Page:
Last week, though, poor little Willow finally gave up the ghost. I hadn’t been driving him enough, and his timing belt, it seems, just kind of quietly disintegrated in our Texas heat and rain. Jim went out and tried to start him, and kablooey—without his timing belt his pistons went every which way. (I don’t really know that much about cars, so bear with me. This is a much-simplified, second-hand explanation.) No way to fix his engine. A new engine would be prohibitively expensive, particularly for poor little twenty-five-year-old Willow.
I was crushed. The second half of 2015 hasn’t been one of my better half-years in general, and I am still surprised by how much losing Willow-the-Skate broke my heart.
Fortunately there are car fanciers who, well, fancy 1990 Honda CRXs. One of those fanciers has bought the undriveable, engine-less Willow and has the means to fix him and polish him as a sort of classic car. I will miss him so much, but I’m glad he will at least have a new owner who cares about him.
Vale, Willow-the-Skate. You were faithful and true through many journeys, and I will always remember you.READ MORE
I love leafing back through ancient (well, not that ancient, but still) family scrapbooks. Here, for Father’s Day, is my own handsome father front and center, on my very first Father’s Day. (This series of pictures was actually taken in May of that year, but we’ll fudge a month and call it Father’s Day.)
Hats appear to have been a guys’ thing in our family, with my father in his smart fedora and my brother in his rakish tam. My beautiful young mother, meanwhile, is rocking her polka dots (she must have kept that dress for a long time, because I actually remember it) and me scrunching up my infant face in the sunlight, swathed in a fringed (and almost certainly hand-knitted, probably by a doting grandmother) baby blanket.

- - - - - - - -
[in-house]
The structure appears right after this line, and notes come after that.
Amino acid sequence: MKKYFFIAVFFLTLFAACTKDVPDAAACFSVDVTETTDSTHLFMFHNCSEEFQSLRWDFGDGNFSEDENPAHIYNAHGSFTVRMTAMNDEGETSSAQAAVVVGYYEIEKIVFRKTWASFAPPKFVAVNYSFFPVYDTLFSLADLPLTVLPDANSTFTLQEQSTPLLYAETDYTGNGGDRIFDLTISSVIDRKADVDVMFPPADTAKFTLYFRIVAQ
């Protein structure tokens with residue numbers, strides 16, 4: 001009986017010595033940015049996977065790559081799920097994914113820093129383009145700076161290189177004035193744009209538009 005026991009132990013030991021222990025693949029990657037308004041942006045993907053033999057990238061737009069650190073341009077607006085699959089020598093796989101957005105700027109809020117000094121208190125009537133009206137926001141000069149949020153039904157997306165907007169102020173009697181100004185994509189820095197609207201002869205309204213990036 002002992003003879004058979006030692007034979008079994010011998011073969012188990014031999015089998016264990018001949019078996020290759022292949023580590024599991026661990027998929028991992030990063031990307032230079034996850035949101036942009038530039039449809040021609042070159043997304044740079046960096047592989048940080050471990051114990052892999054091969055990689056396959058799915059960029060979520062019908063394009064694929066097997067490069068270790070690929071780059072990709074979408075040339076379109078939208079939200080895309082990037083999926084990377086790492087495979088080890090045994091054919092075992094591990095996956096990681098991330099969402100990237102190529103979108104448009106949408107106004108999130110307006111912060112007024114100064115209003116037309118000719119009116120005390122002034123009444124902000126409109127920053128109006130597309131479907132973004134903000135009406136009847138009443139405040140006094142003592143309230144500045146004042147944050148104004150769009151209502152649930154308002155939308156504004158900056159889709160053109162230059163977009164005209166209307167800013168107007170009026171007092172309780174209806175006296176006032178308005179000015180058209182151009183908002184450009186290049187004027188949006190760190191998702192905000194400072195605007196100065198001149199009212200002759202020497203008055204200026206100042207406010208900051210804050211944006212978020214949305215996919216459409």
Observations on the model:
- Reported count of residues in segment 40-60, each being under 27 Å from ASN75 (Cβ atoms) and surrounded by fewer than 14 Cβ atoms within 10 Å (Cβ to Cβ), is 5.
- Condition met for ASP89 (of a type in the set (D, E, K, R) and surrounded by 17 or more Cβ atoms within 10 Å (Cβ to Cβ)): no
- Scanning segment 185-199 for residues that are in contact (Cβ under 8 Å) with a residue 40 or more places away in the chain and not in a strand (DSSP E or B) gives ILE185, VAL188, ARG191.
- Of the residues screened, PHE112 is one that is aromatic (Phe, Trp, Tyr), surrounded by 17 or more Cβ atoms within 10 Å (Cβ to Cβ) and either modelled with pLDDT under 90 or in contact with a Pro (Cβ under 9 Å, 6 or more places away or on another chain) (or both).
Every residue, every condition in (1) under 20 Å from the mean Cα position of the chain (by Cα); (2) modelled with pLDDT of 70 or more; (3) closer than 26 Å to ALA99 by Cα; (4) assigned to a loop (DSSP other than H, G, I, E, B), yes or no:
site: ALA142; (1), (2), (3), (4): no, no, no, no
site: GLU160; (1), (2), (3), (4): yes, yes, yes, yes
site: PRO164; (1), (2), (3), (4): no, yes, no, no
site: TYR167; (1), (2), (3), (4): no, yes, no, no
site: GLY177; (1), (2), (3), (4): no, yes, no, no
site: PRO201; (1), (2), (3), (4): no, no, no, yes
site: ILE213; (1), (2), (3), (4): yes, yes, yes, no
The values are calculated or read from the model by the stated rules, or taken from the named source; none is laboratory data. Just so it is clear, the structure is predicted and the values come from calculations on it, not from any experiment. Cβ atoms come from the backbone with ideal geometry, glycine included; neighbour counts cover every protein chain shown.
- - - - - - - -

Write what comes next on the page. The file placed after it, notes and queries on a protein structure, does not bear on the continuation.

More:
It must have been a cold May that year, because everyone is wearing coats!READ MORE
If you’re on my email mailing list, of course, you received your link to this story last week. (Hint, hintyou can sign up for the list using the signup form at right.) Now, I’m publishing the link to “To The End of Time” for everyone!
Here’s my description of the story, which originally ran in My Weekly magazine in the UK last month, and which is set in the darkly fascinating world of The Red Lily Crown:
“History meets fairy talea powerful Medici grand duke arranges a marriage without the lady’s consent, and the lady turns the tables by setting her betrothed a seemingly impossible task.”
And here’s the link. It’s a PDF file, so you can see the beautiful artwork My Weekly commissioned to go with it. Zoom in on the PDF to adjust the size of the type.
Last night I had a terrific Skype session with the book group at Murder by the Book in Houston, one of my all-time-most-favorite independent bookstores. The group had read The Second Duchess and Daphne du Maurier’s Rebecca together, so they could compare and contrast. I was dazzled by this ideame in the same breath as Daphne du Maurier!and really enjoyed the Skyping and the questions.
I love Rebecca. I sneaked it from my parents’ bookshelf and read it for the first time when I was twelve or thirteen, and it embedded itself in my romantic little heart. The innocent unnamed heroine! The magnificent mansion, with all the luscious details of housekeeping and etiquette! I wanted to be the second Mrs. DeWinter so badly, not so much because of Maxim (although I do love dark-and-brooding), but because I wanted that house and that world and that way of life. It was reading Rebecca that started me off on one of my odder avocations, reading and collecting etiquette books and housekeeping books from the turn of the century. (That’s the turn of the nineteenth century into the twentiethheh.)
I’ve never quite recovered. The Second Duchess was partly written as an homage to Rebecca, and I’ve always treasured C.S. Harris’s comment about it”Rich in historical detail and all the dangerous grandeur of court life in Renaissance Italy. Think The Other Boleyn Girl meets Rebecca.”
Many many thanks to John Kwiatkowski at Murder by the Book for arranging this delightful Skype meeting!READ MORE